HANDS-ON kits offer great ways to learn about science and engineering. But the joys of making a small robot or a crystal radio set have long eluded those who can’t get past Step 2 in the instruction manual.
But now, even those without a wisp of natural geek in them may have a chance at success. That’s because Web-based instructions — often designed by hobbyists for other hobbyists — are now supplementing the often-confounding printed directions that come with such kits.
Bloggers who tinker are creating interactive tutorials, descriptive videos and step-by-step series of photographs that make it easier for nontechies to go forward confidently. Dozens of do-it-yourself Web sites, like Evil Mad Scientist, AdaFruit and iFixIt, also offer tools, components and kits of their own, many aimed at beginners.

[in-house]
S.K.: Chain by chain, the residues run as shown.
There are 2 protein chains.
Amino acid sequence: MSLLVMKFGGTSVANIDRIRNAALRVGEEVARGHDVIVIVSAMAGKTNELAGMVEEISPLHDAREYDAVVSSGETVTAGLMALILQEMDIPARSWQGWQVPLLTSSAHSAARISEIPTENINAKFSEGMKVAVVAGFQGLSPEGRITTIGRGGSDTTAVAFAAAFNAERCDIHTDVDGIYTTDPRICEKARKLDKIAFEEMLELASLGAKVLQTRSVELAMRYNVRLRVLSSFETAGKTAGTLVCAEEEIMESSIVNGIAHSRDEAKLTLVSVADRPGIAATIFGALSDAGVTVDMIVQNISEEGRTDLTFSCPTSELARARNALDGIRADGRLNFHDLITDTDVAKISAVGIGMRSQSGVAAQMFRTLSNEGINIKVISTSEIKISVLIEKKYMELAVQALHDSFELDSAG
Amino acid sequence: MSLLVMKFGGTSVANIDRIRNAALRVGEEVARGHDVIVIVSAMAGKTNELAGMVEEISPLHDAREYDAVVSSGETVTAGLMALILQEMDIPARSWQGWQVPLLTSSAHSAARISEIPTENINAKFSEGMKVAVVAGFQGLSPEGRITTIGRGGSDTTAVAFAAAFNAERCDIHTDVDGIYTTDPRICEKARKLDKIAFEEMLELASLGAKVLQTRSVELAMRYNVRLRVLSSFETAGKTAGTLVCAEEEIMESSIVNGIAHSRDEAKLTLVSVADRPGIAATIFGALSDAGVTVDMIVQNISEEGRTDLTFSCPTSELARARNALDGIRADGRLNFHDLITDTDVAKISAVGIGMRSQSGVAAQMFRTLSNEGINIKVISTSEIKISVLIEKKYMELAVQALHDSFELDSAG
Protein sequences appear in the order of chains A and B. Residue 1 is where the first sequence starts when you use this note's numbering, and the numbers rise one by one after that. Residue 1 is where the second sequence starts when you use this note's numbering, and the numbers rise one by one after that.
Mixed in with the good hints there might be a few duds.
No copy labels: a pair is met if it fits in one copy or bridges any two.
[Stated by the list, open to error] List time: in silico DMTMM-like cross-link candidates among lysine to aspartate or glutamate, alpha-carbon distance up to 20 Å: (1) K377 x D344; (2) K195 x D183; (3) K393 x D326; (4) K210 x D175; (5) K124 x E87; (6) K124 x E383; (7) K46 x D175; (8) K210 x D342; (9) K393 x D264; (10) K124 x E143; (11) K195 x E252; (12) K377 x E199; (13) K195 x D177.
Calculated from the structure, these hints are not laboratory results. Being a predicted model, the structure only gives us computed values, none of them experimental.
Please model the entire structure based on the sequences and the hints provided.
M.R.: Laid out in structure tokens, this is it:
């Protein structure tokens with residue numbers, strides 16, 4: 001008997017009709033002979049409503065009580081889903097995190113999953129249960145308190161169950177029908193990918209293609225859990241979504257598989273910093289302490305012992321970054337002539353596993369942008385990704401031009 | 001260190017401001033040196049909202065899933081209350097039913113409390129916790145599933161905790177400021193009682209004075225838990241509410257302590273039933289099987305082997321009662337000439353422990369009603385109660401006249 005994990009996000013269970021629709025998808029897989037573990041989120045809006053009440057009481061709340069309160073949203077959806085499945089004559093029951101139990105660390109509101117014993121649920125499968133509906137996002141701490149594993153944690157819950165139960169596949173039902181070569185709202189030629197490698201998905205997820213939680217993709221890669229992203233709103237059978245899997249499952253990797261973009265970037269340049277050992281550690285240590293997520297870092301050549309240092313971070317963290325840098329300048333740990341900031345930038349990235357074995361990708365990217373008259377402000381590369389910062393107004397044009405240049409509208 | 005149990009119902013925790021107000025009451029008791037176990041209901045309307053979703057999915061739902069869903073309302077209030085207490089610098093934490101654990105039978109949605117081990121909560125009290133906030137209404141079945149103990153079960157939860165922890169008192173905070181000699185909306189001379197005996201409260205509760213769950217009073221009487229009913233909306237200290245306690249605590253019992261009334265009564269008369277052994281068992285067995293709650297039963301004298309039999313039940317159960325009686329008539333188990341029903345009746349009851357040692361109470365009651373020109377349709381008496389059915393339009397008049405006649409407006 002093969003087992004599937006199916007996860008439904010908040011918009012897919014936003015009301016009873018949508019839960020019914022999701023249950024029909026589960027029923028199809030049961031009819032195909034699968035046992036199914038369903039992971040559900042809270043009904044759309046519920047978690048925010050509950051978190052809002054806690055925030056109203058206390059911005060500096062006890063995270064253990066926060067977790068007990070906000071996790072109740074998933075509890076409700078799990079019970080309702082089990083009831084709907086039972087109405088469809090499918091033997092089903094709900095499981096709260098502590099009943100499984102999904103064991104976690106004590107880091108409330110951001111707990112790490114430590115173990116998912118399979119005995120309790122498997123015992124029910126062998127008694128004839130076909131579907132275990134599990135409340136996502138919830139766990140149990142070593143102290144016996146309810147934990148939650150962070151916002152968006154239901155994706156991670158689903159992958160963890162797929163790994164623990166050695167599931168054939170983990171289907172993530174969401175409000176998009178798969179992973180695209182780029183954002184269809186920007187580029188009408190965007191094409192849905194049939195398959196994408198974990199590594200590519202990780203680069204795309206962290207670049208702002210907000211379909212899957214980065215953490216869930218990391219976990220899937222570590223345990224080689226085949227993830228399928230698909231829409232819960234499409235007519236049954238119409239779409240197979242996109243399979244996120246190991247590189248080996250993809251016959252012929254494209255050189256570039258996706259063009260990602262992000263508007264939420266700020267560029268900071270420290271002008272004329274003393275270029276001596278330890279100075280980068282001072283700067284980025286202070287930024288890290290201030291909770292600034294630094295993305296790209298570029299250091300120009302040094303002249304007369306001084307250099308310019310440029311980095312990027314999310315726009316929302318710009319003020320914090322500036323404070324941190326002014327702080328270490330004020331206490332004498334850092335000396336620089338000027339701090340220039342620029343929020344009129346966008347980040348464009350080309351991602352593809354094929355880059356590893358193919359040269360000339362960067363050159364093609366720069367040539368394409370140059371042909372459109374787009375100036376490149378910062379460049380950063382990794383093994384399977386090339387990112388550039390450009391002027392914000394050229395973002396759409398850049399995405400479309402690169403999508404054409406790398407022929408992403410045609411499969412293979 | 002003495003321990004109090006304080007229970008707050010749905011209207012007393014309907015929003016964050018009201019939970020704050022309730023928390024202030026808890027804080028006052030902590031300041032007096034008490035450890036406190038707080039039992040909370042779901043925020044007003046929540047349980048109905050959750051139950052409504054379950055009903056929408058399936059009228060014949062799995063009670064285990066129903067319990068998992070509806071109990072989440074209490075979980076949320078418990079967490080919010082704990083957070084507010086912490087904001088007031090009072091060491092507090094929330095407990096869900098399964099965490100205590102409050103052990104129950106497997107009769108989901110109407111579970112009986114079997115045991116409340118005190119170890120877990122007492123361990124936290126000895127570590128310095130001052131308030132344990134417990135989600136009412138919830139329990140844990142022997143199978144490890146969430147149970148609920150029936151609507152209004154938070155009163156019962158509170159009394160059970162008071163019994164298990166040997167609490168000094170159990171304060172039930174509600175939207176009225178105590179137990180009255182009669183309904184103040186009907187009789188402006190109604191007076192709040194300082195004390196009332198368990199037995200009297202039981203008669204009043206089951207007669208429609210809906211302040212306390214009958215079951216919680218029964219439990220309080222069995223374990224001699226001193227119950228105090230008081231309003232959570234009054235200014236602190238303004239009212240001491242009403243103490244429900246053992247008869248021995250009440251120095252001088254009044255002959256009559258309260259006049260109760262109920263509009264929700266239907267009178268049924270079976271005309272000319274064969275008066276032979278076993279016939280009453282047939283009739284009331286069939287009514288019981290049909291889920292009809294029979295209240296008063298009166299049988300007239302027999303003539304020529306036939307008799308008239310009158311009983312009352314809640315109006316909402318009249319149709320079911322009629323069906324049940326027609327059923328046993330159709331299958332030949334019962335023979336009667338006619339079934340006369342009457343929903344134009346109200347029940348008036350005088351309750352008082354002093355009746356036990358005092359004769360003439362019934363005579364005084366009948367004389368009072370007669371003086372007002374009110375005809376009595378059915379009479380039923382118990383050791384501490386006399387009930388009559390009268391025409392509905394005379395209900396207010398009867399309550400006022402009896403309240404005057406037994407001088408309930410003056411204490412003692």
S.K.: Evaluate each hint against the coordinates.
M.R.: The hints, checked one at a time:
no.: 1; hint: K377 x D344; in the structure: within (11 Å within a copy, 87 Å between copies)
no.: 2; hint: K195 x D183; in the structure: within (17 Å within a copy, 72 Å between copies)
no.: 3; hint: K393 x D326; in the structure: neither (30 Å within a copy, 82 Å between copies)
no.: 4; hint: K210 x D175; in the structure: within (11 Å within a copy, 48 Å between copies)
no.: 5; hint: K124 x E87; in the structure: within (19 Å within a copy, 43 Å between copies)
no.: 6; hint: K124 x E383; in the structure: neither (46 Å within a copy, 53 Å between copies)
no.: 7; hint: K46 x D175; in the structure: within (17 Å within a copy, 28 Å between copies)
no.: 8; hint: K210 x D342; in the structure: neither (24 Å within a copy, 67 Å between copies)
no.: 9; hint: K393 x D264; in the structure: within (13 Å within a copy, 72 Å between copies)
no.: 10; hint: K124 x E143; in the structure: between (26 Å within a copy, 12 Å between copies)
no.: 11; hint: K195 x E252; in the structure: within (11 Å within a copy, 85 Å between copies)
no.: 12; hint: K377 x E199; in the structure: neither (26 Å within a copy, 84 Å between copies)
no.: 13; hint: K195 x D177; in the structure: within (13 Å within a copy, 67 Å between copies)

Woo! The Times is writing about kits and sites that have great documentation, amazing!Related
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